18:30 – 1900 Registration and Refreshments
I have organised a large table and chairs at the venue)
19:00 - 19:10 Welcome and Introduction – Inspector Al Lloyd
19:10 – 19:50 Fraud. Identity Theft, Telephone and Postal Scams
19:50 – 20:15 Trading Standards. Rogue Traders.
20:15 – 20:35 Local Burglary Squad – DC Mark Boyd
20:35 – 20:45 Introduction to the Community Forum/Neighbourhood Action Group
Saturday 12 May 2018 – Oakwood Centre, Woodley
10:30 – 11:00 Registration and Refreshments
11:00 - 11:10 Welcome and Introduction – Sergeant Matthew Foskett
11:10 – 11:50 Fraud. Identity Theft, Telephone and Postal Scams
11:50 – 12:15 Trading Standards. Rogue Traders.
12:15 – 12:35 Local Burglary Squad – DC Mark Boyd
12:35 – 12:45 Introduction to the Community Forum/Neighbourhood Action Group
12:45 – 13:00 Q and A with our Panel.
For the past couple of weeks, we have been raising awareness of online child abuse as part of our Hidden Harm campaign.
The internet is a huge part of most of our lives, especially for the younger generation, and while it brings a great deal of positive opportunities unfortunately it can be misused by some people.
It’s therefore really important that we all understand the risks associated with being online and take some simple steps to help keep children safe:
This message is to make you aware that there has been a rise in Thefts from Motor Vehicles in the Bracknell and Wokingham area and to ask for any information.
Thieves have been targeting unattended vans and work vehicles which have been full of power tools and equipment.
Officers are keen to hear from anyone who may have noticed a black Audi/Skoda or a silver Ford Galaxy acting suspiciously in the area.
If you have any information relating to this case, please call our 24 hour call centre on 101.
If you don’t want to speak directly to police you can contact the independent charity “Crimestoppers” anonymously on 0800 555 111. No personal details are asked for or recorded so you will not attend court
Crime prevention advice for van drivers
Thames Valley Police would advise you to remove any tools or valuables from your vehicles at night or when not in use.
Thames Valley Police and Counter Terrorism Policing South East (CTPSE) urges the public to help the police tackle terrorism and save lives by reporting suspicious behaviour and activity.
Communities defeat terrorism. With the enduring terrorist threat, it is now more important than ever that everyone plays their part in tackling terrorism. Your actions could save lives.
Don’t worry about wasting police time. No call or click will be ignored. What you tell the police is treated in the strictest confidence and is thoroughly researched by experienced officers before, and if, any police action is taken.
Any piece of information could be important, it is better to be safe and report. Remember, trust your instincts and ACT. Action Counters Terrorism.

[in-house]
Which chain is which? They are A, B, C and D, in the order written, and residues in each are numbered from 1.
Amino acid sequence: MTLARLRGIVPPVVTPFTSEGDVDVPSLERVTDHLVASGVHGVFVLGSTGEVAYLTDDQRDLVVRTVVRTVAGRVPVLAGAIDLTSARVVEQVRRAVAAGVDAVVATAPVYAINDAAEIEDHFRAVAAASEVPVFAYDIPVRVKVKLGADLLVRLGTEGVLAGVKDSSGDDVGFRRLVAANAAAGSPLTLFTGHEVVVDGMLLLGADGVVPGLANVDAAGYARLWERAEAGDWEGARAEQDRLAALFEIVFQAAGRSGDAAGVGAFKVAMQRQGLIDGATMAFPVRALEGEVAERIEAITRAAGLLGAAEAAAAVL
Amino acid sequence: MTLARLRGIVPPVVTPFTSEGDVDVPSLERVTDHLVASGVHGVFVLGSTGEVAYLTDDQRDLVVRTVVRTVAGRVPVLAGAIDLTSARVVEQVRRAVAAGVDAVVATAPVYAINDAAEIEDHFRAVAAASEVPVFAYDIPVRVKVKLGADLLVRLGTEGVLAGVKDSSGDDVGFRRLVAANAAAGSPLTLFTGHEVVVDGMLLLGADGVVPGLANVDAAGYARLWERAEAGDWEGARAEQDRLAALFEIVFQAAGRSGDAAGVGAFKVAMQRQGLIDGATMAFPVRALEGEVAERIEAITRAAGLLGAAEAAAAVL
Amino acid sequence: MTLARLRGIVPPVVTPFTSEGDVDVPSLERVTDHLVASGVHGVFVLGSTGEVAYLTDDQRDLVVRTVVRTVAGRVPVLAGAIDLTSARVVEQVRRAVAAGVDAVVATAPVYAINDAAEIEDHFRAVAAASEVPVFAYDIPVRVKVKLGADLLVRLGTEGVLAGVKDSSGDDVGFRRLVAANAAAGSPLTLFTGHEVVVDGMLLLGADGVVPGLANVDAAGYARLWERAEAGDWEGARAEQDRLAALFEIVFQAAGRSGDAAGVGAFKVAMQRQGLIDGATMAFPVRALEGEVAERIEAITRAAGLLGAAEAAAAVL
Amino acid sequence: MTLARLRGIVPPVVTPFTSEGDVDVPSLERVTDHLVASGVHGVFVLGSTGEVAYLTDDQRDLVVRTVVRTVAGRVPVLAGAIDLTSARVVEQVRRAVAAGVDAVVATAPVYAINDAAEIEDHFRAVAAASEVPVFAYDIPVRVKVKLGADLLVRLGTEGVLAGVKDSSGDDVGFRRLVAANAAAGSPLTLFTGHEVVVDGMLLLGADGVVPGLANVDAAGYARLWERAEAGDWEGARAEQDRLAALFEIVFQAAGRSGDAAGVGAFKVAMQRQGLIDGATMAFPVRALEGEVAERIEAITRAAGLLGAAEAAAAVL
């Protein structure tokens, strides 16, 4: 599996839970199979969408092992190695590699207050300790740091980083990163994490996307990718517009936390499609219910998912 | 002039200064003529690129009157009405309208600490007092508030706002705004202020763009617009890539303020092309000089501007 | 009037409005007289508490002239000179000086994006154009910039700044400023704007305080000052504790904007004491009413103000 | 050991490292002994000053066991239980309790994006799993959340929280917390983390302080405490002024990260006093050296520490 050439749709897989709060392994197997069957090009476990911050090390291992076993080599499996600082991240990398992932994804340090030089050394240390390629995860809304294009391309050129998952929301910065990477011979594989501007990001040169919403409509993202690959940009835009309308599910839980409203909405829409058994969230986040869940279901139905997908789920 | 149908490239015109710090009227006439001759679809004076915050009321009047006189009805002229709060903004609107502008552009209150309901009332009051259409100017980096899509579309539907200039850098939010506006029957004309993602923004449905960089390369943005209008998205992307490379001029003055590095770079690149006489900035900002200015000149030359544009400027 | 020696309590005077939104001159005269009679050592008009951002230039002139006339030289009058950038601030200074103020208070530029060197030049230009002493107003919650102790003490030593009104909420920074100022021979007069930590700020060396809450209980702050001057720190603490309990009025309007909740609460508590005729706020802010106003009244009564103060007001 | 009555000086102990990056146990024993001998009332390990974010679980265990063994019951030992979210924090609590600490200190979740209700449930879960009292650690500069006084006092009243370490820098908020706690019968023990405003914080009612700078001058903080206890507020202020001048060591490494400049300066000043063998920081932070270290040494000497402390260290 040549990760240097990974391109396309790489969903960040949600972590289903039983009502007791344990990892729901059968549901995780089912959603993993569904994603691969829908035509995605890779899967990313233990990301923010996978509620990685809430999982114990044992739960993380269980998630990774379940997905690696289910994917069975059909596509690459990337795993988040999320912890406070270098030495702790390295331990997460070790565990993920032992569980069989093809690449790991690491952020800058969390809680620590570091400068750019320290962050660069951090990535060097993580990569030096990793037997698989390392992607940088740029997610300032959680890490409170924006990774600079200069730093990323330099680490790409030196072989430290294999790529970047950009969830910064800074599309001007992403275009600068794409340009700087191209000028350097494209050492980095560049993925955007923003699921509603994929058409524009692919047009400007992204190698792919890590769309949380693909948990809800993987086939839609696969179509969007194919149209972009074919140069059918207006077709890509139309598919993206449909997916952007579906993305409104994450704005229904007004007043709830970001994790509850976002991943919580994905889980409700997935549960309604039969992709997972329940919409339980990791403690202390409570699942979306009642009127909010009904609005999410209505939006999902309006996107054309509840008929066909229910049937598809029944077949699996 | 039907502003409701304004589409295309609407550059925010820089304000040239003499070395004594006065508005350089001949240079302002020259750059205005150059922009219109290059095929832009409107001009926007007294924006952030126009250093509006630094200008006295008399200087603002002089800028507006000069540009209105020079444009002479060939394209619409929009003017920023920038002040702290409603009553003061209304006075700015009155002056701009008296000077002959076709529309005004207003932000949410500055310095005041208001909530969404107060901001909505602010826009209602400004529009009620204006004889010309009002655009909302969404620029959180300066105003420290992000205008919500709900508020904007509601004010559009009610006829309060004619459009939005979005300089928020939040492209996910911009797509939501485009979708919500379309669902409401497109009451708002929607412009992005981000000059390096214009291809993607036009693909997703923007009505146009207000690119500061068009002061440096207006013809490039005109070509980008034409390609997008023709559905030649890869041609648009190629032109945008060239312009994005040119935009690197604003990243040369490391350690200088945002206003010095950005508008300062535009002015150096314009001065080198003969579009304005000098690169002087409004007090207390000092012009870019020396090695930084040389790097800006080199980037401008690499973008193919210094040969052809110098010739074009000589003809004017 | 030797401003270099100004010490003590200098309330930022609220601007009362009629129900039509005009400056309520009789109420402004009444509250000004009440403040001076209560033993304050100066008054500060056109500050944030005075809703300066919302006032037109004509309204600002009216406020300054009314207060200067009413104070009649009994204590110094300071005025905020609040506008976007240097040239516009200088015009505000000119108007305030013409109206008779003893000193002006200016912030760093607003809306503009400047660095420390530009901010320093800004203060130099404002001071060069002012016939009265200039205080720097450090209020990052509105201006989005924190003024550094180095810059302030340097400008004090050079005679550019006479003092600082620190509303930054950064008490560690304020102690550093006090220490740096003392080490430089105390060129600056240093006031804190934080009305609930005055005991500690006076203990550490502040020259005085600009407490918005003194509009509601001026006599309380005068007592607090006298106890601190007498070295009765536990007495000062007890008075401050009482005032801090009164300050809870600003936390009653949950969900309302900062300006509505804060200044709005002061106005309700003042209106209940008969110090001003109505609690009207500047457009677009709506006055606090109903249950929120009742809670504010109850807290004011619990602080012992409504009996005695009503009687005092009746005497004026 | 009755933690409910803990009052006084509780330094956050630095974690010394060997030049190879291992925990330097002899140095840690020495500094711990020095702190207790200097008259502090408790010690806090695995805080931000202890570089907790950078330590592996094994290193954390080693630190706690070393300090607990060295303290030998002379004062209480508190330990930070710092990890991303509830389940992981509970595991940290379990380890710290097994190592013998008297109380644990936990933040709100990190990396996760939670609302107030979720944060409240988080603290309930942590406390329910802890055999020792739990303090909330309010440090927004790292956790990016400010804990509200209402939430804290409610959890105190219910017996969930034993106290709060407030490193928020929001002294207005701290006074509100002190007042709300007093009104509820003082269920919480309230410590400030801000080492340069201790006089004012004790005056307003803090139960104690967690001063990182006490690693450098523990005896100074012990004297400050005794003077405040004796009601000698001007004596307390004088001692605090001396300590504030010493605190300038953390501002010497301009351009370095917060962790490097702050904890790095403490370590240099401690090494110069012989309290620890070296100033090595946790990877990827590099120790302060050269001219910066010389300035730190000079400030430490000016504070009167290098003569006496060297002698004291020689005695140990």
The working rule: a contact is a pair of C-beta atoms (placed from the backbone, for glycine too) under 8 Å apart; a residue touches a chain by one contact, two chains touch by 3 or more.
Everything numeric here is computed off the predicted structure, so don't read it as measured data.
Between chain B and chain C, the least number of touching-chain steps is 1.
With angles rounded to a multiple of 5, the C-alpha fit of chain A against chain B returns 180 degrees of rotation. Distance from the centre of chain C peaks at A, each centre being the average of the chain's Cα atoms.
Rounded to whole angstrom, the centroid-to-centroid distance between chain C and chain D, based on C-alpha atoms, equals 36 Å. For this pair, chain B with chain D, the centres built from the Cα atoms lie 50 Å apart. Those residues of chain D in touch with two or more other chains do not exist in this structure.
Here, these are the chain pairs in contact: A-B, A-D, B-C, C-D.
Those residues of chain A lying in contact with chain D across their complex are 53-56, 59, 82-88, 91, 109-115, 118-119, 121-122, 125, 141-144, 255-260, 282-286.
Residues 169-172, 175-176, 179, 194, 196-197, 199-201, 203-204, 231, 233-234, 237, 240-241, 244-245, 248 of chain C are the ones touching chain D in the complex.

Detective Chief Superintendent Kath Barnes, Head of Counter Terrorism Policing South East, said: “It is vital for the public to know that no matter how small the matter might be, if you think it is suspicious and you have concerns, report it.
“Counter Terrorism Policing South East will take all information seriously, any piece of information could be important, it is better to be safe and report. Communities are the key to defeating terrorism and you can help us prevent terrorism and save lives through your actions.”
How can I report?
Reporting is quick and easy. You can report in confidence online via our secure form:www.gov.uk/ACT. Alternatively, you can call the police confidentially on 0800 789 321.
All reports are kept confidential and you can report anonymously.
In an emergency always call 999.
What should I report?
Like other criminals, terrorists need to plan. You can report suspicious activity or behaviour – anything that seems out of place, unusual or just doesn’t seem to fit in with everyday life.
Some examples of suspicious activity or behaviour could potentially include:
Do you know someone who looks at extremist material, including on the so-called Dark Web, or shares and creates content that promotes or glorifies terrorism?
Have you noticed someone embracing or actively promoting hateful ideas or an extremist ideology?
Meetings, training and planning can take place anywhere. Do you know someone who travels but is vague about where they’re going?
Do you know someone with passports or other documents in different names, for no obvious reason?
Suspicious materials can be ordered online as well as in store. Have you noticed someone receiving deliveries for unusual items bought online?
If you work in commercial vehicle hire or sales, has a sale or rental seemed unusual?
Have you noticed someone buying large or unusual quantities of chemicals, fertilisers or gas cylinders for no obvious reason?
Have you noticed someone acquiring illegal firearms or other weapons or showing an interest in obtaining them?
Terrorists need to store equipment while preparing for an attack. Have you noticed anyone storing large amounts of chemicals, fertilisers or gas cylinders?
Have you noticed anyone storing illegal firearms or objects that could potentially be weapons?
Observation and surveillance help terrorists plan attacks. Have you witnessed anyone taking pictures or notes of security arrangements or CCTV?
Cheque and credit card fraud are ways of generating cash. Have you noticed any suspicious or unusual bank transactions?